The finger-printing station was mounted at about waste-level for me. I'm 6'2". Jailer Kathy looked to be about 5'6". Typical procedure would be for her to grab each of my fingers, roll them in the ink and then roll them on the cards in their assigned spots. We had to do each finger, left and right. Both palms. Then, both sets of fingers pressed down together at once (excluding the thumbs)... and lastly, of course, my favorite... the "Karate Chops!" The Karate Chops have always been my favorite. You'd never be able to identify what those images were if you weren't a jailer or someone who had been arrested. HIYA!!! Miss Piggy flowed through my wandering mind...
I knew Jailer Kathy would take forever on the finger-printing. I felt emboldened at this point, so I took a shot and told her I had some experience at doing this. I think this was my sixth set of prints I have given the government. They have given me so much; it's the least I can do for them in return. I asked Jailer Kathy if she would mind me trying it on my own.
"If you think you can," she said. Jailer Kathy and I had built a sliver of positive rapport over the time we had spent together. We discussed (I discussed) politics and such. Why a civil servant would vote for Romney or any Republican is beyond me, Diary.
I did all of my prints in less than a minute. As I grabbed a towelette to wipe the ink off, she smiled and said, "Wow! That was great! I always smudge them all. Thanks for making my day shorter." I couldn't help but think it was a win-win. Jailer Kathy and I said good bye. This time I was allowed to walk through the corridors of the Marshall County Jail without escort. I worked my way out of the labyrinth through the four steel doors. I was anxious to leave. I was surprised I didn't get lost. I paused at each door, waiting for the guard in some control room somewhere to see me on camera. I could feel him or her peering at me anonymously. Then, I heard the doors "pop" one-by-one as I cascaded out of the jail. Finally, "freedom" again.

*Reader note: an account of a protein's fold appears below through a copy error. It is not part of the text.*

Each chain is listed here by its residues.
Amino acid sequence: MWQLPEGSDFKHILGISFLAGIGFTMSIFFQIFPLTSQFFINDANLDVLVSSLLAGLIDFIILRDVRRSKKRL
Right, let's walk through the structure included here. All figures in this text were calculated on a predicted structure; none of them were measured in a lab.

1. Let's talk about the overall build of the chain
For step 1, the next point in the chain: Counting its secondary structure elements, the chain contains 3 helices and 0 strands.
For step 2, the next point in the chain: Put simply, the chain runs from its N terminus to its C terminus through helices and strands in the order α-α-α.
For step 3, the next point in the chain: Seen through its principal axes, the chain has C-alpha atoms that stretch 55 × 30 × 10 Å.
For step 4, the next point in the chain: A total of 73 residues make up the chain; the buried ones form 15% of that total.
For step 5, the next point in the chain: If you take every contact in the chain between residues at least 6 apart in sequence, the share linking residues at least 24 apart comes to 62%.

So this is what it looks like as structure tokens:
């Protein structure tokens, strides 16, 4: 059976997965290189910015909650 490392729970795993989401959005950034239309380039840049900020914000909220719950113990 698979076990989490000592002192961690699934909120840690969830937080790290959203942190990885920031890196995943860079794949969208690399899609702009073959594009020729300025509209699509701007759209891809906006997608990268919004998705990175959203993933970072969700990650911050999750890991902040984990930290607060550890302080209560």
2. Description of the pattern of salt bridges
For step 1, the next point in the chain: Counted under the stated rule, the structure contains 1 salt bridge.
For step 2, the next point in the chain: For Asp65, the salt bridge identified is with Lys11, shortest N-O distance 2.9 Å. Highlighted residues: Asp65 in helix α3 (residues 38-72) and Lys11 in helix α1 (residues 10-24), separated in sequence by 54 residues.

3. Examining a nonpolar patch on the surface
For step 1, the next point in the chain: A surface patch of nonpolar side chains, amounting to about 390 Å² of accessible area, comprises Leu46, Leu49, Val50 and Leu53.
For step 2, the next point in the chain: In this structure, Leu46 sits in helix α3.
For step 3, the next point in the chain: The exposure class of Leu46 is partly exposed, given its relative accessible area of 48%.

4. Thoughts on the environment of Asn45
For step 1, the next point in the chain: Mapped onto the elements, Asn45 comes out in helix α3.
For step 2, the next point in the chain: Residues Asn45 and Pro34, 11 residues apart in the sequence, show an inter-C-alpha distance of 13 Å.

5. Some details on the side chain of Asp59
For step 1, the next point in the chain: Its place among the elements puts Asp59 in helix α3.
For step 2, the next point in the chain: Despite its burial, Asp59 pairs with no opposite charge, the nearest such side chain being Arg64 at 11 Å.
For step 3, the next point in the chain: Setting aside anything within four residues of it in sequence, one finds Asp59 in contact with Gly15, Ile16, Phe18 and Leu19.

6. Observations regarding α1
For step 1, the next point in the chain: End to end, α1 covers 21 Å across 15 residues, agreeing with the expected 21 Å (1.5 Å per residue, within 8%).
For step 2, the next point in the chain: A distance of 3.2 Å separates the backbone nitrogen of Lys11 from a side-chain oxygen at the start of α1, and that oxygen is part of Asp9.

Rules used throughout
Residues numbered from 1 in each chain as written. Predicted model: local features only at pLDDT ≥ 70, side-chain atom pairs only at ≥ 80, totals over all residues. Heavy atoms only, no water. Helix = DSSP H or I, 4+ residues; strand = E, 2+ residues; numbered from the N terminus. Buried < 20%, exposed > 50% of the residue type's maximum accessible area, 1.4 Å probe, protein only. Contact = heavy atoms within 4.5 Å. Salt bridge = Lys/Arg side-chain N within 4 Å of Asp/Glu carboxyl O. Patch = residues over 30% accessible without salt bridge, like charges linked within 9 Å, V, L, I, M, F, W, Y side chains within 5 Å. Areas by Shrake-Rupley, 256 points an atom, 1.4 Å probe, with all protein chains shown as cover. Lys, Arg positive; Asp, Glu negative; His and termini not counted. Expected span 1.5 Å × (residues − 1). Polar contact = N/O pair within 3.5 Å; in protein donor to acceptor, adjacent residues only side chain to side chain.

Once I felt the luxurious 95-degree heat on my face, I called my dinner date to tell him I was sorry for being late but was on my way. I met Allen downtown for Chinese food, frozen yogurt and then the DNC on TV. First Lady Michelle Obama looked lovely. I spaced off several times thinking how she could kick Nancy Reagan's ass into next week. Wouldn't that be a sight, Diary? Allen used to live in Chicago and told me of bars called the "Dick Dock" and the "White Swallow." He is also a patient of my nurse practitioner, Kris Davis, at the University of Iowa Hospitals and Clinics in Iowa City -- the BEST CARE ANYWHERE. I asked Kris if she knew anyone in Marshalltown I could have dinners with to get out of my hotel room and away from McDonald's (and to keep idle hands from doing the devil's work). Do you know I can spend close to $10 on fast food at one sitting, Diary? Forget gas prices. Obama needs to fix fast food prices. [Note to self: Don't forget to write the President about the high cost of Big Mac attacks.] Where was I? Oh yes. Kris Davis is my angel. She has been since '98 when I was diagnosed. I'm sad she's retiring next year. No one can take her place.
It was the end of a long day but an enjoyable evening. I was on my way out the door of Allen's apartment when I casually mentioned that I had a little legal situation that I would discuss with him sometime.
Allen softly said, "I know. I Googled you."
[F I N] Or is it? Dum dum duuuuuuuuuuuummmmmmmm.......!
P.S. For those who I haven't told the outcome, I convinced my attorneys that CNN is not an appetizing thought right now. After much deliberation, they saw it my way. I really just wanted to be on TV with Sanjay Gupta but not have to talk about HIV or criminalization. lol ... Still no response from the Iowa Supreme Court.
Whose life is this again? Certainly not mine.
Nick’s case is still ongoing with Lambda Legal at the Iowa Supreme Court level – and he asks that any readers not write letters or make phone calls on his behalf as it would likely make things worse -- despite the best intentions.